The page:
Method and Resources
Like many missionary archives, the Papers of Matilda Calder Thurston were compiled by Matilda’s sister, Helen Calder, who then donated to the Missionary Research Library (MRL) now housed at the Burke Library at Union Theological Seminary. Similar to state colonial archives, the MRL collated information for a purpose: current and future missionaries could learn more about history and best practices of the missionary enterprise as well as the details of “native Christians” and potential converts. While scholars are now the main audience for the MRL’s collections, the archive carries the imprint of missionary imperialism in its contents, organization, omissions, and silences.
The View from Ginling employs digital tools to transform and decolonize the archive in multiple ways. Drawing on the Thurston Papers as well as related collections, the exhibits use interactive maps, timelines, and network visualizations to reassess the archival materials related to Ginling and its associates. By creating a space where multiple students could read (and re-read), analyze, and discuss these documents, the seminar fostered their ability to make these connections. The students’ collaborative efforts and distinctive positionalities show how multiple perspectives can affect the interpretations of each document. The varieties of research questions will continue to grow as future classes build on what their predecessors have created.
As digital historians, we have an ethical obligation to use our research into the Matilda Calder Thurston papers to uncover silences within the archives. However, in presenting this project, we have made decisions to either include or exclude documents from our website. In doing so, we acknowledge that we have privileged certain information above others, and hope that as students continue to work on this project, the View From Ginling will continue to grow towards a more comprehensive view of the archives. We also acknowledge that archives themselves are a product of a process which decides which documents are worthy of preservation, and is in itself subject to bias and abuse by systems of power. As Barnard students, we recognize our biases as creators, including the intentional and unintentional arguments we have made. Although the ways in which we have organized documents and exhibits on the View from Ginling website advance particular thematic arguments, we also hope our contextualization will allow for a greater understanding of the archive, as information in isolation is often misleading, or inaccessible.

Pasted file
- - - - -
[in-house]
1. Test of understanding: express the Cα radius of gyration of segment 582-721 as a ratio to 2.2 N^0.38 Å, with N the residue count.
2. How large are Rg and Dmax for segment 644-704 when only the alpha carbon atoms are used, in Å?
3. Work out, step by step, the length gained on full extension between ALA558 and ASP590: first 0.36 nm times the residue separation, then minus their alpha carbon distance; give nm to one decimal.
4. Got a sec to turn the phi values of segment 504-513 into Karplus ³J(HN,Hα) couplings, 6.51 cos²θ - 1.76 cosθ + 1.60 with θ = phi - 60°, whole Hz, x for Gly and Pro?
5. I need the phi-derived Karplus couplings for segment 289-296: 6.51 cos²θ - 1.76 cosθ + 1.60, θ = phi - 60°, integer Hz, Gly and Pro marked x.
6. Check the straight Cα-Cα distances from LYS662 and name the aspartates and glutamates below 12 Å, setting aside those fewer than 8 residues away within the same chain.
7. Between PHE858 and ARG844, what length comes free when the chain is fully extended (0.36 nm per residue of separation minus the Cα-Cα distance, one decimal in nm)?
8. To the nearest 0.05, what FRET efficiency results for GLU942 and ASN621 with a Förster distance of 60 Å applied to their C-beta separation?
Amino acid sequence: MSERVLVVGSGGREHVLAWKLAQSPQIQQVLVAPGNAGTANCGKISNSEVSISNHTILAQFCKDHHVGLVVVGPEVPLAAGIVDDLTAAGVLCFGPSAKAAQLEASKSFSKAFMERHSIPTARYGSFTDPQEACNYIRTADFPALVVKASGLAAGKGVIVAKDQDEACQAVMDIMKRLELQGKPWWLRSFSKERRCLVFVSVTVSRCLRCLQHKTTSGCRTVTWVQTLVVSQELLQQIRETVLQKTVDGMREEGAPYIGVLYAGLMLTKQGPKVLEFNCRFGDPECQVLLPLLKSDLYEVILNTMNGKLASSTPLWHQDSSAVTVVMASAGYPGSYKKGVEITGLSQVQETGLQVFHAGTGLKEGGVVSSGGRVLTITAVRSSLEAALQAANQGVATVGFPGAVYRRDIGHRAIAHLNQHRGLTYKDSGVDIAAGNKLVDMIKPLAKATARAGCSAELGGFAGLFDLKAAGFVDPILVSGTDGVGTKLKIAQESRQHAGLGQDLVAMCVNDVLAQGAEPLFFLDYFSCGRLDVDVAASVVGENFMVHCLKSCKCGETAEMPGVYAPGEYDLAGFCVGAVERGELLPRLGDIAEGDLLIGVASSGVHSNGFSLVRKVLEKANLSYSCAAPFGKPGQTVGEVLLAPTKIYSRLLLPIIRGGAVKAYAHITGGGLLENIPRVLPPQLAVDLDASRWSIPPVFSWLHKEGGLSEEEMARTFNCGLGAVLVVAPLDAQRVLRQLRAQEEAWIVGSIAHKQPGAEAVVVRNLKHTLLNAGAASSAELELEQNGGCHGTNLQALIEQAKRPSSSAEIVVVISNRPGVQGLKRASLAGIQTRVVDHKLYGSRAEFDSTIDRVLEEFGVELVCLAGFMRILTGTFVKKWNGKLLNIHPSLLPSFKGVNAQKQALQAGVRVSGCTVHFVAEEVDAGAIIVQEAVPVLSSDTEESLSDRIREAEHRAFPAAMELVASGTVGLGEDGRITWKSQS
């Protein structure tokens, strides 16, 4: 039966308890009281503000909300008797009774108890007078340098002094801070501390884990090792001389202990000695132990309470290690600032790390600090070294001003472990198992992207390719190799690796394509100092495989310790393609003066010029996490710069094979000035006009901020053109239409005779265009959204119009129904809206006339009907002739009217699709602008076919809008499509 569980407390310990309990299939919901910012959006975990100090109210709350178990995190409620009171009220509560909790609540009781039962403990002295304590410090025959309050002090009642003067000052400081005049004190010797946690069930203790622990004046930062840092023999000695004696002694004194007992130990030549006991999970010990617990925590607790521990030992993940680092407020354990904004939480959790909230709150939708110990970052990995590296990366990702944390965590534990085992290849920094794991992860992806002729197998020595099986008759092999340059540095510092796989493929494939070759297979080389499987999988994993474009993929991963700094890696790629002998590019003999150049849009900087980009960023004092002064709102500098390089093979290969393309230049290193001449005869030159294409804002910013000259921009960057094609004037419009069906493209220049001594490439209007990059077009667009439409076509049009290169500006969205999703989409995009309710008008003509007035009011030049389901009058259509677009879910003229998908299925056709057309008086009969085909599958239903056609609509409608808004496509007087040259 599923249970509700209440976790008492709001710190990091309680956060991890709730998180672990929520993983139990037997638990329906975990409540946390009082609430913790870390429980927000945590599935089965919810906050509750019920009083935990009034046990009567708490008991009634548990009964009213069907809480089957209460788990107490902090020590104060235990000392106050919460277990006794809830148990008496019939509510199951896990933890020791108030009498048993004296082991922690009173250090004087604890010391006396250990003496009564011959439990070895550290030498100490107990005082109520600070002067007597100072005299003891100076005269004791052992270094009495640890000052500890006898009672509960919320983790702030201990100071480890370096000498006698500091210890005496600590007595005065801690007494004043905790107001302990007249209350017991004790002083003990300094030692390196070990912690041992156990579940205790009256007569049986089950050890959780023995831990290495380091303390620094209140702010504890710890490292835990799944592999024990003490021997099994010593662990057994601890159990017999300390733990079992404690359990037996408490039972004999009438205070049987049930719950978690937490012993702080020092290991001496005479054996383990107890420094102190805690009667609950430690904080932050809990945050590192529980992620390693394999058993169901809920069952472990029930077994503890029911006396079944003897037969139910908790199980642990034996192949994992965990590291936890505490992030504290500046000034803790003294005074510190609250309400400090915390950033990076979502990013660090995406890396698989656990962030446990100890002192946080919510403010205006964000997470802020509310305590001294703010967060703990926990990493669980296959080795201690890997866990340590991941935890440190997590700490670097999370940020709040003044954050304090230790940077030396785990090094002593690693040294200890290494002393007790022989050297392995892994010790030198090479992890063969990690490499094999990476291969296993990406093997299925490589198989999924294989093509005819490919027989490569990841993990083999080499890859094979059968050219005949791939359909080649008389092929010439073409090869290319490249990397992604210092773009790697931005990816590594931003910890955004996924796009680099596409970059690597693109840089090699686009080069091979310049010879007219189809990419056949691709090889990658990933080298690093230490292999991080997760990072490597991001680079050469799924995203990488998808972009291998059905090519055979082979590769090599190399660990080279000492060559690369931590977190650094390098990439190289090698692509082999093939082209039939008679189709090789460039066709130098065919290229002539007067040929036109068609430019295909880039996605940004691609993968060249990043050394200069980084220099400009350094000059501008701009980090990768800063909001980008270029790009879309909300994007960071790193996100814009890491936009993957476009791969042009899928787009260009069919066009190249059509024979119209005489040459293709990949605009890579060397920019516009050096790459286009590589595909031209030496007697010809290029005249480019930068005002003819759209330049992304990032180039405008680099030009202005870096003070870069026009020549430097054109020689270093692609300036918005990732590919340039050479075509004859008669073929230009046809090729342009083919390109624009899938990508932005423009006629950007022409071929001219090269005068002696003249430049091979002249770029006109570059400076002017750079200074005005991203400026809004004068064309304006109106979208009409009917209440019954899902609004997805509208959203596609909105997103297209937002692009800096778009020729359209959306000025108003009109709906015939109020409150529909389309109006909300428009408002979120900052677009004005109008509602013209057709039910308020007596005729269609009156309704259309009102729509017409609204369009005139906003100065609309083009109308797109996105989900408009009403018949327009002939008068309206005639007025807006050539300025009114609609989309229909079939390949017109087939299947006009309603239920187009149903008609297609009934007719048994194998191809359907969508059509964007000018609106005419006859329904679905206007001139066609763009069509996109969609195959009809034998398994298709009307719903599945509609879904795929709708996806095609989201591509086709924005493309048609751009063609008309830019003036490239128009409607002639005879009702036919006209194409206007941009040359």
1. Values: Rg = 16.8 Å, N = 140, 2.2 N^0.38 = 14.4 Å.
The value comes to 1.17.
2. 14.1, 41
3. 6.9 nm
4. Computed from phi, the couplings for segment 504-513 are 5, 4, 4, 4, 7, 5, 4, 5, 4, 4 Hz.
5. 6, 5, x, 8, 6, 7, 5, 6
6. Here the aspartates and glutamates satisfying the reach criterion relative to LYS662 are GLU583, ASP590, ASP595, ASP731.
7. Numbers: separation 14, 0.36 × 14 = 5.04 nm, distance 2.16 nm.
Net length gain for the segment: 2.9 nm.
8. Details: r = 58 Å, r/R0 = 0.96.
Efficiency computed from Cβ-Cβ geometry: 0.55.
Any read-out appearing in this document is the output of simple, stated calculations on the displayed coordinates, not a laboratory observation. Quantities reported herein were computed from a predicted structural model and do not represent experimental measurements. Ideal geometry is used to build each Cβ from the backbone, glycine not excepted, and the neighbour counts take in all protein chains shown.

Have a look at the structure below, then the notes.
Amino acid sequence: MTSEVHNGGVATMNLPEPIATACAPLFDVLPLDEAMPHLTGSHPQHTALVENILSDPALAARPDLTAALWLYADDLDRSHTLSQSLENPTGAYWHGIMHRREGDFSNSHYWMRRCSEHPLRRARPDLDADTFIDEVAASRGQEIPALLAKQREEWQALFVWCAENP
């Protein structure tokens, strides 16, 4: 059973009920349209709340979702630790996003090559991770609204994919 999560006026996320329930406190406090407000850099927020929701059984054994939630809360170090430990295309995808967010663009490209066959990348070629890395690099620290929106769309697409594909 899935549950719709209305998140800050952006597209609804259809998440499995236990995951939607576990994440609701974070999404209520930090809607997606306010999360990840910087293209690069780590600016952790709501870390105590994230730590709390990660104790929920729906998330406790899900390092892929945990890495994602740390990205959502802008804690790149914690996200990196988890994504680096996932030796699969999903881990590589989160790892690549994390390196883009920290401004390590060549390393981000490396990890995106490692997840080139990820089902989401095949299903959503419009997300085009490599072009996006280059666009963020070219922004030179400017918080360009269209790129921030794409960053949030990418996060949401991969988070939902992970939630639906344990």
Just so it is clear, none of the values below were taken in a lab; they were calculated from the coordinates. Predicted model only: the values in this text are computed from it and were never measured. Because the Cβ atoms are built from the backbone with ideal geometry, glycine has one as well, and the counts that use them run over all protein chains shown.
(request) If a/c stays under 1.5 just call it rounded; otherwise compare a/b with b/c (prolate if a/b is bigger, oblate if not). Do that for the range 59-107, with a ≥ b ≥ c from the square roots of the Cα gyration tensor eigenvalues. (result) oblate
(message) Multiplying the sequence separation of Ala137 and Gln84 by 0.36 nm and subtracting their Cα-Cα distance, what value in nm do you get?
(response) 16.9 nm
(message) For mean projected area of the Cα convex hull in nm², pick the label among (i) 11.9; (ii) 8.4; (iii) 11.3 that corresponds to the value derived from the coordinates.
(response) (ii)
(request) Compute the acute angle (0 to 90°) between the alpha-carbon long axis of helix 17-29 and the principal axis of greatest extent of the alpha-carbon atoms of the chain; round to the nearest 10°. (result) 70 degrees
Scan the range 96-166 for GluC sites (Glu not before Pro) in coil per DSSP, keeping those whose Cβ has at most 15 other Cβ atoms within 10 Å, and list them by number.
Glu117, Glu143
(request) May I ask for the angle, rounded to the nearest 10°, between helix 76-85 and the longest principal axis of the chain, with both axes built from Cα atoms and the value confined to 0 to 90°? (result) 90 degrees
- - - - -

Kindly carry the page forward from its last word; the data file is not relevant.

In seeking to tell new stories from the perspective of those who taught and attended Ginling College, the exhibits also depart from a typical missionary biography and instead highlights a broader range of people associated with Ginling. The exhibits show that this Protestant missionary women’s college operated as dynamic and often contested terrain during a period of political and religious transformation, nationalism and the construction of the “New Woman” (xin nuxing), as well as war and military occupation. The ongoing work of digitizing documents from the Papers of Matilda Calder Thurston also makes these materials available to a wider audience, and invites visitors to join the conversation.